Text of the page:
In selecting Cerner to create its EHR system, the VA leaves behind its home-grown VistA EHR, a move that’s been on the horizon since Shulkin suggested in March that the department would be moving to a commercial product…

So much for open source.

Michael Chen MD
Michael Chen MD

This is exactly the reason we can’t assume government and the political climate will do anything to change the course of our health IT destinies. However, we are not left without any options. Sure it’s a hard road the take; but the path is clear. It may not outright overthrow the entrenched systems in place, but we’ve seen quiet and incremental disruption in favor of community instead of profits and proprietary software (Linux vs Windows servers – not desktops; also Android for smartphones too which has put Linux over the top in number of installs on devices throughout the world).

Niran Al-Agba

If I don’t laugh, I will cry. Imagine what that $$$$ could have done to provide basic healthcare for millions of Americans? So glad it went to something way better than that. Technology is obviously the best way of improving patient outcomes.

Hayward Zwerling

“I had direct personal interactions with ECW staff when I was at ONC that confirmed ECW’s consistent lack of understanding of some facets of the certification program.” …As someone who has personally taken my EHR through MU stage 1 certification, and was all too familiar with the MU requirements, I can attest that rules of certification were very clear. ECW’s decision to “cheat” on the test was a deliberate decision by ECW and was not the result of a misunderstanding. Either the management of ECW is stupid (and unable to read instructions) or they are not ethical. You decide. I… Read more »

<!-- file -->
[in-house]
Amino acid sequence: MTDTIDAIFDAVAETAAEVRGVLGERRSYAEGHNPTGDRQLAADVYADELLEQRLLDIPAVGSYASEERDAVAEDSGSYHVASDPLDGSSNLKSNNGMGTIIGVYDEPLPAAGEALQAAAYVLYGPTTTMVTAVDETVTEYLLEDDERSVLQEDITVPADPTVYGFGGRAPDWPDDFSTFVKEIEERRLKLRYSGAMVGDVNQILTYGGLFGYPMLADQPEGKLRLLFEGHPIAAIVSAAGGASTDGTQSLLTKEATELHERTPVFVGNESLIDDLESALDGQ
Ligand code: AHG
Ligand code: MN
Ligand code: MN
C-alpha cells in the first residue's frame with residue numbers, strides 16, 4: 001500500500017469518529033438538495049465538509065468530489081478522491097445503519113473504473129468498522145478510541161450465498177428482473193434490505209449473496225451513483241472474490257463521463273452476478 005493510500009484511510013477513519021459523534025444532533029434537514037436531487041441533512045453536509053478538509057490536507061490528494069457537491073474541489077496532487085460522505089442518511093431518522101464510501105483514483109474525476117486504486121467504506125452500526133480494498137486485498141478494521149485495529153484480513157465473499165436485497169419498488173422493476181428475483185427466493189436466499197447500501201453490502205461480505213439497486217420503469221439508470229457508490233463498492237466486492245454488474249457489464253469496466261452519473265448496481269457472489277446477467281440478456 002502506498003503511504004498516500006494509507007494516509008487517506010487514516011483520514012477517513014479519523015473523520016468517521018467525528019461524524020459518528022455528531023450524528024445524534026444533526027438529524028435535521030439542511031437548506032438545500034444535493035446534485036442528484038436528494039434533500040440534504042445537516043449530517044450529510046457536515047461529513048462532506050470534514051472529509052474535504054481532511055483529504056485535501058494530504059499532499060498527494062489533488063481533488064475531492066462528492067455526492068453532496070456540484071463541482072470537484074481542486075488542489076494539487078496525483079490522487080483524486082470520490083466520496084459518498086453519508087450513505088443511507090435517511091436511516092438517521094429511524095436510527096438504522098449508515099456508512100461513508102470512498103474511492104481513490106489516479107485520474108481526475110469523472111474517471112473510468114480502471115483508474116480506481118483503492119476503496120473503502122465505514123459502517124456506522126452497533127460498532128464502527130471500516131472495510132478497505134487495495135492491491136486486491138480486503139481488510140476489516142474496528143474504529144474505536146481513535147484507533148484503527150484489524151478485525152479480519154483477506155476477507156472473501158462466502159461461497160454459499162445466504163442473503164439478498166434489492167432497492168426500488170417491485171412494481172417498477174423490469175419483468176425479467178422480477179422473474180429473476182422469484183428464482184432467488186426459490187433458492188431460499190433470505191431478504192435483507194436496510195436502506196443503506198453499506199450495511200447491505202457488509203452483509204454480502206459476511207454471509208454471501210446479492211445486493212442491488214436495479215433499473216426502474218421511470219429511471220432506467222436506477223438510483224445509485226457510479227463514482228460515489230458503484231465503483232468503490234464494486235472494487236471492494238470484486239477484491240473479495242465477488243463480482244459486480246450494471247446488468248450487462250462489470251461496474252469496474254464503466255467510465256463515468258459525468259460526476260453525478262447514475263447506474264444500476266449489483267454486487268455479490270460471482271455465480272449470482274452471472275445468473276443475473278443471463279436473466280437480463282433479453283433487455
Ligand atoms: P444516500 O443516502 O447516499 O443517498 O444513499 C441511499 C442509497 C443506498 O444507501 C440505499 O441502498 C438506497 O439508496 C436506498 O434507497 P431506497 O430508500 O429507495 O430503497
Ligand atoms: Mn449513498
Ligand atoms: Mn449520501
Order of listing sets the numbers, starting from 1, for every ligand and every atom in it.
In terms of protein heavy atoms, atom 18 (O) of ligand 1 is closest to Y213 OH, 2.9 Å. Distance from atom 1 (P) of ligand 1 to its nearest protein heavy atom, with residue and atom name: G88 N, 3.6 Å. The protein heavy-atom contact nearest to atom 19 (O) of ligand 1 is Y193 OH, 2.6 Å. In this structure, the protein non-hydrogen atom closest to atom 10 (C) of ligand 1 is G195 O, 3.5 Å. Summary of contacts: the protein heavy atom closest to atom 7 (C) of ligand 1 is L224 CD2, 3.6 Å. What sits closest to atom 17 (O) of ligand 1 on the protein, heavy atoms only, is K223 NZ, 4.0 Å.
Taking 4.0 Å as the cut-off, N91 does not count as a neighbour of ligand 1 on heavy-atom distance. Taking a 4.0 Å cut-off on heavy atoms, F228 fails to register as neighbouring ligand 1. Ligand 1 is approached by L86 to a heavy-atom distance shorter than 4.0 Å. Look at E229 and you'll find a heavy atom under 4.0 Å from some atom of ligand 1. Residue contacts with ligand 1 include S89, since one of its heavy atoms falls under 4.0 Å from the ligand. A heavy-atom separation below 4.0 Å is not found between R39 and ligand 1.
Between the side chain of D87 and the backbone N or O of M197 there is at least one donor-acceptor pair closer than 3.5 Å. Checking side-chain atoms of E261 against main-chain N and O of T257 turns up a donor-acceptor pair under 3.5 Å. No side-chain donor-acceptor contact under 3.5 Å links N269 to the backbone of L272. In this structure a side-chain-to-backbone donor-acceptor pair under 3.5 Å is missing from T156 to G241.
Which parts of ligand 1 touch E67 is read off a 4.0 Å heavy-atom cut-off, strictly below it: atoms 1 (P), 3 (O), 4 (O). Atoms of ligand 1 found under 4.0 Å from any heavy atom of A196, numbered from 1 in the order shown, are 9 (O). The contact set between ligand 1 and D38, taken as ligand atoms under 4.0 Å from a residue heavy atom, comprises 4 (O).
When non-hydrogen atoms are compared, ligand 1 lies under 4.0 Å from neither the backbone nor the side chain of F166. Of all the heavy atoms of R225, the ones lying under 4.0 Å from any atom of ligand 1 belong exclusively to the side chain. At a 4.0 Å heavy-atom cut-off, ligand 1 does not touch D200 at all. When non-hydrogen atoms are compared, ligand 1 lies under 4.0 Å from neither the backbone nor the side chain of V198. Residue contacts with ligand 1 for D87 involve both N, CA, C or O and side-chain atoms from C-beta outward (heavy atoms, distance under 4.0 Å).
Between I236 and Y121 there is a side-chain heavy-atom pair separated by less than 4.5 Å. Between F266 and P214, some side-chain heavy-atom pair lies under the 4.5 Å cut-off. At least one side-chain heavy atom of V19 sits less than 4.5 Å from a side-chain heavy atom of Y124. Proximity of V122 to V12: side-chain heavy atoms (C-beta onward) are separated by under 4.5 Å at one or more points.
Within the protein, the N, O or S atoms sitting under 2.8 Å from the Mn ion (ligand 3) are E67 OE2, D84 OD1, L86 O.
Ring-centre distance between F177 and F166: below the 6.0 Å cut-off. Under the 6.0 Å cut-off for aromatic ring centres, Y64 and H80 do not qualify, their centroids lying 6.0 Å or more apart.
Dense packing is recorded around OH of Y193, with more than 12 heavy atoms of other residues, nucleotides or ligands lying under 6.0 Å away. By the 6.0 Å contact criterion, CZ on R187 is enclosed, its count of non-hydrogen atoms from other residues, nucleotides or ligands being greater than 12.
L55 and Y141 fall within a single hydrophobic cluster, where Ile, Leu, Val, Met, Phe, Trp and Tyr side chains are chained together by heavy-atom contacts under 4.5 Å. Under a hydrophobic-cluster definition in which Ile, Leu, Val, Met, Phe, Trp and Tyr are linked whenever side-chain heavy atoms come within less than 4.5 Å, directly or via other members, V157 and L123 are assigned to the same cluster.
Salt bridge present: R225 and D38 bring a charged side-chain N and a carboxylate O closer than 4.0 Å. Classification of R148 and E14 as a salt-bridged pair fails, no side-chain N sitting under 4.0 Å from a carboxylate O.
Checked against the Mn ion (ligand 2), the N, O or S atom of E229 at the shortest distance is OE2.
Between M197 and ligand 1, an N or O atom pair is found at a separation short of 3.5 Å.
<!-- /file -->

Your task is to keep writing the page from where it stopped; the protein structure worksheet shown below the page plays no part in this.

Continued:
Agree with Dr Z completely. I would have selected Dr Z to represent me and my front line colleagues in any EHR cert/mandate issues. He is not only a real practicing MD, he has experience actually writing EHR systems and going through the ridiculousness of certification, when his customers really wanted what he was providing…MD/HIT working together. This most distressing part of this is that the so-called leaders still have no clue on what damage they have done and still want to double down on poking meat certification of EHRs. When does this end? Certification drove out many small VERY… Read more »

Adrian Gropper, MD
Adrian Gropper, MD

ONC policy is the root of the problem and has caused the general erosion of trust in federal health initiatives that we have today. Certification is a poor substitute for sunshine. The reason we have cheating in Volkswagen or eCW is that software that impacts our health is not open source. However, the harm of secrecy is clearer when the software can produce a medical error directly rather than just statistically impact our health through environmental damage. Certification institutionalizes the growing practice of making medicine itself proprietary and secret. Open source medical software, like medical knowledge itself, is safe and… Read more »


“gastp!” – “covfefe!”


Will ONC claw back incentive funds paid to eCW users?